Schneider joined the newly founded Arena Stage shortly thereafter. Schneider already had established a reputation as perhaps the foremost American director of the avant-garde with an unusual sensitivity for the aesthetic emerging among a new cohort of playwrights. He partnered with these rising playwrights in responding to the conformism of postwar life by embracing the absurd, the brittle, the humorous, the angry, and the vicious.
As Samuel Beckett’s favorite American director—and long-term correspondent—Schneider kept winning kudos for his productions of works by Beckett, Albee, Pinter, Saroyan, and Brecht. He did so by always paying rigorous attention to technical matters, while remaining as close as possible to the words written in the script, much to the appreciation of the playwrights themselves.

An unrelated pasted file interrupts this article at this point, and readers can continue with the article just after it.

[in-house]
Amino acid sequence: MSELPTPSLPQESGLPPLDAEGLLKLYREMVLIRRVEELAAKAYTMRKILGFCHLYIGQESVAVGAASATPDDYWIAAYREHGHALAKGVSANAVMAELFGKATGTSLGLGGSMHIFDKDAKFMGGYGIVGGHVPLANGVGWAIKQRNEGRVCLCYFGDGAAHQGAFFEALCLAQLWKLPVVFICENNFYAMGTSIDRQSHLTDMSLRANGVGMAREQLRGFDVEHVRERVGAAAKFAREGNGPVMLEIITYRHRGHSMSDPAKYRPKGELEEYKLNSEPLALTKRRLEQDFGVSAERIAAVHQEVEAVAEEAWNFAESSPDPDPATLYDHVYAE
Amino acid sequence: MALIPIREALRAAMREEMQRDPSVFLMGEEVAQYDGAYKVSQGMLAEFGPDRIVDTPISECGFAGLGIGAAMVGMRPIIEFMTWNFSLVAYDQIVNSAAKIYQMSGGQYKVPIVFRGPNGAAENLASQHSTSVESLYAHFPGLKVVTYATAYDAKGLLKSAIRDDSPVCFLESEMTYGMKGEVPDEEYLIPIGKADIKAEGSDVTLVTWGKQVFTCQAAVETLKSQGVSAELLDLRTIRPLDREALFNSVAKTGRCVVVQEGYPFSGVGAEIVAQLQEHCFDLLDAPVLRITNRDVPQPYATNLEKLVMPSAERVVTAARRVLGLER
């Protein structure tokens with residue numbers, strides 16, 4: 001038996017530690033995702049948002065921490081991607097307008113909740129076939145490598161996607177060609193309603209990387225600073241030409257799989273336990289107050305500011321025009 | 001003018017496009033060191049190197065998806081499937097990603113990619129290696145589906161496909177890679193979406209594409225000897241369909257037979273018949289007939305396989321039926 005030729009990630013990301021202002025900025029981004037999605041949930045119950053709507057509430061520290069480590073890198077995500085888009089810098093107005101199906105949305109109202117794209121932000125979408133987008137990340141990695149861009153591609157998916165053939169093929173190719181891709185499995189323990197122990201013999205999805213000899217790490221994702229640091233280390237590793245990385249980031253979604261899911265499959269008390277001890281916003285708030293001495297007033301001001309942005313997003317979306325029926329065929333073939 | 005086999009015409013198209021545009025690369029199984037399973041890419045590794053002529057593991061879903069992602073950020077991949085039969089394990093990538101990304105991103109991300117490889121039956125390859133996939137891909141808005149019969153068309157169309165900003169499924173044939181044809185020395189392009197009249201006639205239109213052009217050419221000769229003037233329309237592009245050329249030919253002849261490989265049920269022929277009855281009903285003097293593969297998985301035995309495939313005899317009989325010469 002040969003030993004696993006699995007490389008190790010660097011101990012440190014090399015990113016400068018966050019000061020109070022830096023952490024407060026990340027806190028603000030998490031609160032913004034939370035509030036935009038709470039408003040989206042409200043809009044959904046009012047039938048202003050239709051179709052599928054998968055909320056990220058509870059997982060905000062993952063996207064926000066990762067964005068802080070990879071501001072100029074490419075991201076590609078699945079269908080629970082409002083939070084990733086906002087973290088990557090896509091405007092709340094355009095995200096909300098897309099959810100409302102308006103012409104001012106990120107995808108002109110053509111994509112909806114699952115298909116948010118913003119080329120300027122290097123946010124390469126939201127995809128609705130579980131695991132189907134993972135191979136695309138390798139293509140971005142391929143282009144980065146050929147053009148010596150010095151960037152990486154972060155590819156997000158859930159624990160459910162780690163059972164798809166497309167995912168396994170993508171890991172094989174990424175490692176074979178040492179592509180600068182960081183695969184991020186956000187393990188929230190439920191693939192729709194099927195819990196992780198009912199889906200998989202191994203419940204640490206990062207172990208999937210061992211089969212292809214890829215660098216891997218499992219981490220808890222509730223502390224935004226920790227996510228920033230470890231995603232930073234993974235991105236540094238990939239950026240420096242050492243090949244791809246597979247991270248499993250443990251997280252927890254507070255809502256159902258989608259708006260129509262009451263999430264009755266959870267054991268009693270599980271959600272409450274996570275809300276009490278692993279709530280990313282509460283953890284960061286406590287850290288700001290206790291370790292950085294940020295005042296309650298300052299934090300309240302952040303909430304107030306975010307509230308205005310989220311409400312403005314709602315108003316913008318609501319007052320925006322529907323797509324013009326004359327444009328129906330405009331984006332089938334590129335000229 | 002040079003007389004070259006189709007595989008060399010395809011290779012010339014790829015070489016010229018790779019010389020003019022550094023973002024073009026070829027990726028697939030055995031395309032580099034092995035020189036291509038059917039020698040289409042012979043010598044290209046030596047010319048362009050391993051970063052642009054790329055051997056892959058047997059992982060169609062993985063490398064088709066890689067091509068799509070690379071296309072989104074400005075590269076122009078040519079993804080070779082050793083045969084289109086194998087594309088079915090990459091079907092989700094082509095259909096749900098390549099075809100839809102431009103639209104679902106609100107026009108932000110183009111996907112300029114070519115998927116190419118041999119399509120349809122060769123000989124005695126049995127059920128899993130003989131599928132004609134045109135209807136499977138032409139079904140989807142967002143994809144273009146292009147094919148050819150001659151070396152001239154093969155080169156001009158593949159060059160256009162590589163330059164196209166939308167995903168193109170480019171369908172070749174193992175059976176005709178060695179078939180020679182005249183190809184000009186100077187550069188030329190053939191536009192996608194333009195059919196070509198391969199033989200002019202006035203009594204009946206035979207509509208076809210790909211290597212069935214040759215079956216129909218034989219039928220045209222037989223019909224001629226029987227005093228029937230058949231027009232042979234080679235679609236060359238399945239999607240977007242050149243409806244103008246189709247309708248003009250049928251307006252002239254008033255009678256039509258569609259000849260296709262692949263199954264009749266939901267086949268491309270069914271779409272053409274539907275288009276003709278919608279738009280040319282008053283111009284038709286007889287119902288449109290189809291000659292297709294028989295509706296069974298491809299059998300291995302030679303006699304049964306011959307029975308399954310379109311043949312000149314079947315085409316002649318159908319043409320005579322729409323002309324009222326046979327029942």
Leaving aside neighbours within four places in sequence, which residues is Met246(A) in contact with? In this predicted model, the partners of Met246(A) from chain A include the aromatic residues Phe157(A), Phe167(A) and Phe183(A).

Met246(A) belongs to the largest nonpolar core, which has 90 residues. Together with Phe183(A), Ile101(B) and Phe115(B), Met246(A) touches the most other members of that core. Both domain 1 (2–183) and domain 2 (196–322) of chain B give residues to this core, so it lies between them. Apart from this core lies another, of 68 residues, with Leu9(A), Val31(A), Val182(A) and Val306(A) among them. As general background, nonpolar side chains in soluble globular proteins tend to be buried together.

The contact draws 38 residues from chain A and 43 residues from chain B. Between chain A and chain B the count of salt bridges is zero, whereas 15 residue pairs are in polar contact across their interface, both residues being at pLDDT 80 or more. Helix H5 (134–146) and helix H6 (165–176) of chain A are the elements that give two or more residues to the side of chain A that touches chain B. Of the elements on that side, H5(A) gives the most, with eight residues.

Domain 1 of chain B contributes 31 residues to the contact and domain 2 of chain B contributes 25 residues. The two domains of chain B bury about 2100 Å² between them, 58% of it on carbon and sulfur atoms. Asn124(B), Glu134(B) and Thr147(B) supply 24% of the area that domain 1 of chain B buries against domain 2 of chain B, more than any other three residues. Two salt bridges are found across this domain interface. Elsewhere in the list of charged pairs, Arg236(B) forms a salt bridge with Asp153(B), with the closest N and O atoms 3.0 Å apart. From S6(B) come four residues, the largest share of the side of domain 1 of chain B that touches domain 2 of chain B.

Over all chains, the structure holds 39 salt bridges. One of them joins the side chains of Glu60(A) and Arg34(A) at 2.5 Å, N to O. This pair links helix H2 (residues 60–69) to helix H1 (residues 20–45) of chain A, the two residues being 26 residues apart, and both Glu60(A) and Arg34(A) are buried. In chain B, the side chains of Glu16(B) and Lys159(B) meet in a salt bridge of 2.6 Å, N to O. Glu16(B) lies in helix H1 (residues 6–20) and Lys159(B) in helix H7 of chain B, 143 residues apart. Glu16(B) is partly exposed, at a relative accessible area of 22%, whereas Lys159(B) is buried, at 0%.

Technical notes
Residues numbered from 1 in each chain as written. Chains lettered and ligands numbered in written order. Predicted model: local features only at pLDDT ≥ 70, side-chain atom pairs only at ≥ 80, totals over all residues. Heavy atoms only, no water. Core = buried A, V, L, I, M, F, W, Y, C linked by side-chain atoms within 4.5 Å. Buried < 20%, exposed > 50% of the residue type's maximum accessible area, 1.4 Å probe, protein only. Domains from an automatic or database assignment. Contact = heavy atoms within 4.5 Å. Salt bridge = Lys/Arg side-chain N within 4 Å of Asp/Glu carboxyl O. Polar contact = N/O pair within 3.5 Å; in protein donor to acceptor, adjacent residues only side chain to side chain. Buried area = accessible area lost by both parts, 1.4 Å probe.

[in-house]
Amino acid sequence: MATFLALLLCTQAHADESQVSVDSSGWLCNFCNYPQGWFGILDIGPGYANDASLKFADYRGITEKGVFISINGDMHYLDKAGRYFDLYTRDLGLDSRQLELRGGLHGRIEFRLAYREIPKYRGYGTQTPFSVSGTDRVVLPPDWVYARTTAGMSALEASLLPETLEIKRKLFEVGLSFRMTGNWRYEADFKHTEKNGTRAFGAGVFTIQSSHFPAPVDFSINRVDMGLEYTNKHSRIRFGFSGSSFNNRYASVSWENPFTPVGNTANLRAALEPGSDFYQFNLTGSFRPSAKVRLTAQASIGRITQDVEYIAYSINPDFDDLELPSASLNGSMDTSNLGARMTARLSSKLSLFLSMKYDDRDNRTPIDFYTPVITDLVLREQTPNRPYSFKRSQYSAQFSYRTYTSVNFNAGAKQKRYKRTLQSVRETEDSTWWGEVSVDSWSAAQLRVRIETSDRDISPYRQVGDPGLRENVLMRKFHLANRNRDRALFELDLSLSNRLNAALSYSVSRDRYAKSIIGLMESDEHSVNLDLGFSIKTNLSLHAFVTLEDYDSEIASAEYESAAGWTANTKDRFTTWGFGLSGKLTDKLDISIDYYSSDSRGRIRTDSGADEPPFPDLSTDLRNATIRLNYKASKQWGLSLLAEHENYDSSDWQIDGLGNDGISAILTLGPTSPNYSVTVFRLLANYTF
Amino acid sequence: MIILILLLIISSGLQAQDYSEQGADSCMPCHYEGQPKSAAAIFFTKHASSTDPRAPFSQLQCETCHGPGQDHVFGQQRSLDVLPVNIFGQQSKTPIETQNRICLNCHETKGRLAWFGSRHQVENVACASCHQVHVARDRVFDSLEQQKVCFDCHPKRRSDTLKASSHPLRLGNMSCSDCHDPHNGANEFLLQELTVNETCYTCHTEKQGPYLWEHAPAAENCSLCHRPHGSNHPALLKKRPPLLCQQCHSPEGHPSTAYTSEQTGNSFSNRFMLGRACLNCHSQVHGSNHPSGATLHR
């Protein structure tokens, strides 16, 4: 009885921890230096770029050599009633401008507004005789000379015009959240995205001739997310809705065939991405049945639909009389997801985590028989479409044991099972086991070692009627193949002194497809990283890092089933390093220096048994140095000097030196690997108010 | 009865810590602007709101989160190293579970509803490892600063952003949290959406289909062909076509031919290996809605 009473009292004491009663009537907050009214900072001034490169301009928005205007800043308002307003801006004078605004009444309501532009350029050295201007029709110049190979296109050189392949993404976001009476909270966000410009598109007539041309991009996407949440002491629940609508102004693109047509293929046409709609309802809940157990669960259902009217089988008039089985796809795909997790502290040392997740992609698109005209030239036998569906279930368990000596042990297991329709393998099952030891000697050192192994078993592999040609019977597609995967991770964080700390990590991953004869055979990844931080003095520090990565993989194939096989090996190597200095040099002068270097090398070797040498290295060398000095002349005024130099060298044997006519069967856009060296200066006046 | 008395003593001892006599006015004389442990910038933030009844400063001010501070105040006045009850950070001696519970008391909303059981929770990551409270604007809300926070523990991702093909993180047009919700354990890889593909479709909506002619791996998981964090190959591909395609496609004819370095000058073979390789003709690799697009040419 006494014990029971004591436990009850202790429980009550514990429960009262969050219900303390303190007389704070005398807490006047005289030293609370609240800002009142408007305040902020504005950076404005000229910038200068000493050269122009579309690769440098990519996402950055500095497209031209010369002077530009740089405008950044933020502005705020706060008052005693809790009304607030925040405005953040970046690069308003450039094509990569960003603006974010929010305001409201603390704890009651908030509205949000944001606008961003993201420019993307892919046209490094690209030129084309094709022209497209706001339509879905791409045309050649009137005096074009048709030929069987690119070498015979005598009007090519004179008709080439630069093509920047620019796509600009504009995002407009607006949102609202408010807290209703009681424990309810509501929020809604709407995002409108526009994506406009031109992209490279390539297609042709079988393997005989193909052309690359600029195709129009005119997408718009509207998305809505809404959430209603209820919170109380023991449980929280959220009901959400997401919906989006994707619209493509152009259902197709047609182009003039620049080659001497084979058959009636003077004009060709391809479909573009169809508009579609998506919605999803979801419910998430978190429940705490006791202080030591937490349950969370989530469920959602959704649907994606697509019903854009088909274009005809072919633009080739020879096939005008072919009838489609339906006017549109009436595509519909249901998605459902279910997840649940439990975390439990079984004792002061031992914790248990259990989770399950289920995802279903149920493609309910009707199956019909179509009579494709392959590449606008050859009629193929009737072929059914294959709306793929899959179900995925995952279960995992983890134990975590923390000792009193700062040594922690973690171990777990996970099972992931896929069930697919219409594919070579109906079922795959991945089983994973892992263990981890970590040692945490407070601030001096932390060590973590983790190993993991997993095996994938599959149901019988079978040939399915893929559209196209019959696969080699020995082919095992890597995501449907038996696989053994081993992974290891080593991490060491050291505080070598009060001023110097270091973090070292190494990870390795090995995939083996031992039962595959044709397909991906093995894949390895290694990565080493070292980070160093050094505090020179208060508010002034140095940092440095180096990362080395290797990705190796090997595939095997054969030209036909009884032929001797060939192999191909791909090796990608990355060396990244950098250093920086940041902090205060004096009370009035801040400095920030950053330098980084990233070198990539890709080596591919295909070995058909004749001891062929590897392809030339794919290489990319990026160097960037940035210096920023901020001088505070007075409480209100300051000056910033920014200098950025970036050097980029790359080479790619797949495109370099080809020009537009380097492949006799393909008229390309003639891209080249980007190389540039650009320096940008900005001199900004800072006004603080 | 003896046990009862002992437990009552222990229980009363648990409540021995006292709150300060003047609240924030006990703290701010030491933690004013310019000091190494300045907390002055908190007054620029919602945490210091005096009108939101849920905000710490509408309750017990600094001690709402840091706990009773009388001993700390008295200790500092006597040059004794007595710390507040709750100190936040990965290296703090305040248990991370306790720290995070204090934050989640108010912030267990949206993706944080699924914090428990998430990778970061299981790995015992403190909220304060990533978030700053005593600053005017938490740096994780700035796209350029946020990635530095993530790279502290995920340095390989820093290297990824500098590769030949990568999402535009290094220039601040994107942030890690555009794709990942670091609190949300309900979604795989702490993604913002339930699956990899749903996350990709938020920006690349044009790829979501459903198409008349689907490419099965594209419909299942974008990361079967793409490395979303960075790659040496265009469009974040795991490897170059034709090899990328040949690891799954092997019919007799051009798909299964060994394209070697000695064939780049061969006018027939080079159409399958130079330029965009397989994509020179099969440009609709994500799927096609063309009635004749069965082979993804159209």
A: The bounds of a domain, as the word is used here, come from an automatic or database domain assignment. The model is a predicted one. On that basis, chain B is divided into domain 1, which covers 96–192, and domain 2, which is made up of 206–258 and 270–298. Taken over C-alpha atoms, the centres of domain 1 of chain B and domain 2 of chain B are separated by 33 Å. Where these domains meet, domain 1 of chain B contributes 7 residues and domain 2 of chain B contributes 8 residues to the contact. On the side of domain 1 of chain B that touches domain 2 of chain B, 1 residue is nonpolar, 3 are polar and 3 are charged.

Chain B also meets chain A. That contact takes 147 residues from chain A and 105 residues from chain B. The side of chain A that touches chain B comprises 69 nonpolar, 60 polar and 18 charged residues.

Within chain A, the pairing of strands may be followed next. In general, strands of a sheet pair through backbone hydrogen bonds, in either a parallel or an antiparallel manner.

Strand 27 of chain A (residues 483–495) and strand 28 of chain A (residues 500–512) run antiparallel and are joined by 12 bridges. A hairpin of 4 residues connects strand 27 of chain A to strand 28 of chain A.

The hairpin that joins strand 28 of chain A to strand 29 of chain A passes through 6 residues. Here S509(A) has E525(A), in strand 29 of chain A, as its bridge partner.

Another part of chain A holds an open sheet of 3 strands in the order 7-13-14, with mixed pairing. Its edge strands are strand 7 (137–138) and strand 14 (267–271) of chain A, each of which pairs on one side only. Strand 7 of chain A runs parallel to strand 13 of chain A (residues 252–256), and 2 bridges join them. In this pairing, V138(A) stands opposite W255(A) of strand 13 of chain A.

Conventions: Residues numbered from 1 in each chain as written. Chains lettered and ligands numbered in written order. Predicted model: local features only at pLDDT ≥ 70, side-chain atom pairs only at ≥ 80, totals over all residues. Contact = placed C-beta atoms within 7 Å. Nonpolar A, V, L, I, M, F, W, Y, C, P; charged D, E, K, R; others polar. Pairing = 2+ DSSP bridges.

Schneider is perhaps best remembered for his direction of the disastrous American premiere of Beckett’s Waiting for Godot in 1956. Capturing the vaudevillesque character of the work, Schneider and Broadway producer Michael Myerberg cast burlesque and film comic stars Tom Ewell and Bert Lahr as Vladimir and Estragon. Anticipating lighthearted fare in keeping with the lead actors’ reputations, the opening night audience at the Coconut Grove Playhouse in Miami was stunned, confused, and then angry over Beckett’s absurd tragicomedy. “It was like bringing ‘Gisele’ to Roseland,” Schneider was reported to have said. “We got clobbered by everybody. Ninety percent of the audiences walked out.” Lahr never forgave Schneider. Lahr’s son—the renowned New Yorker theater critic and historian John Lahr—records that Schneider’s name in his childhood household was among a trio of words—the other two being the most classic of all Anglo-Saxon curse words—that his father banned from utterance.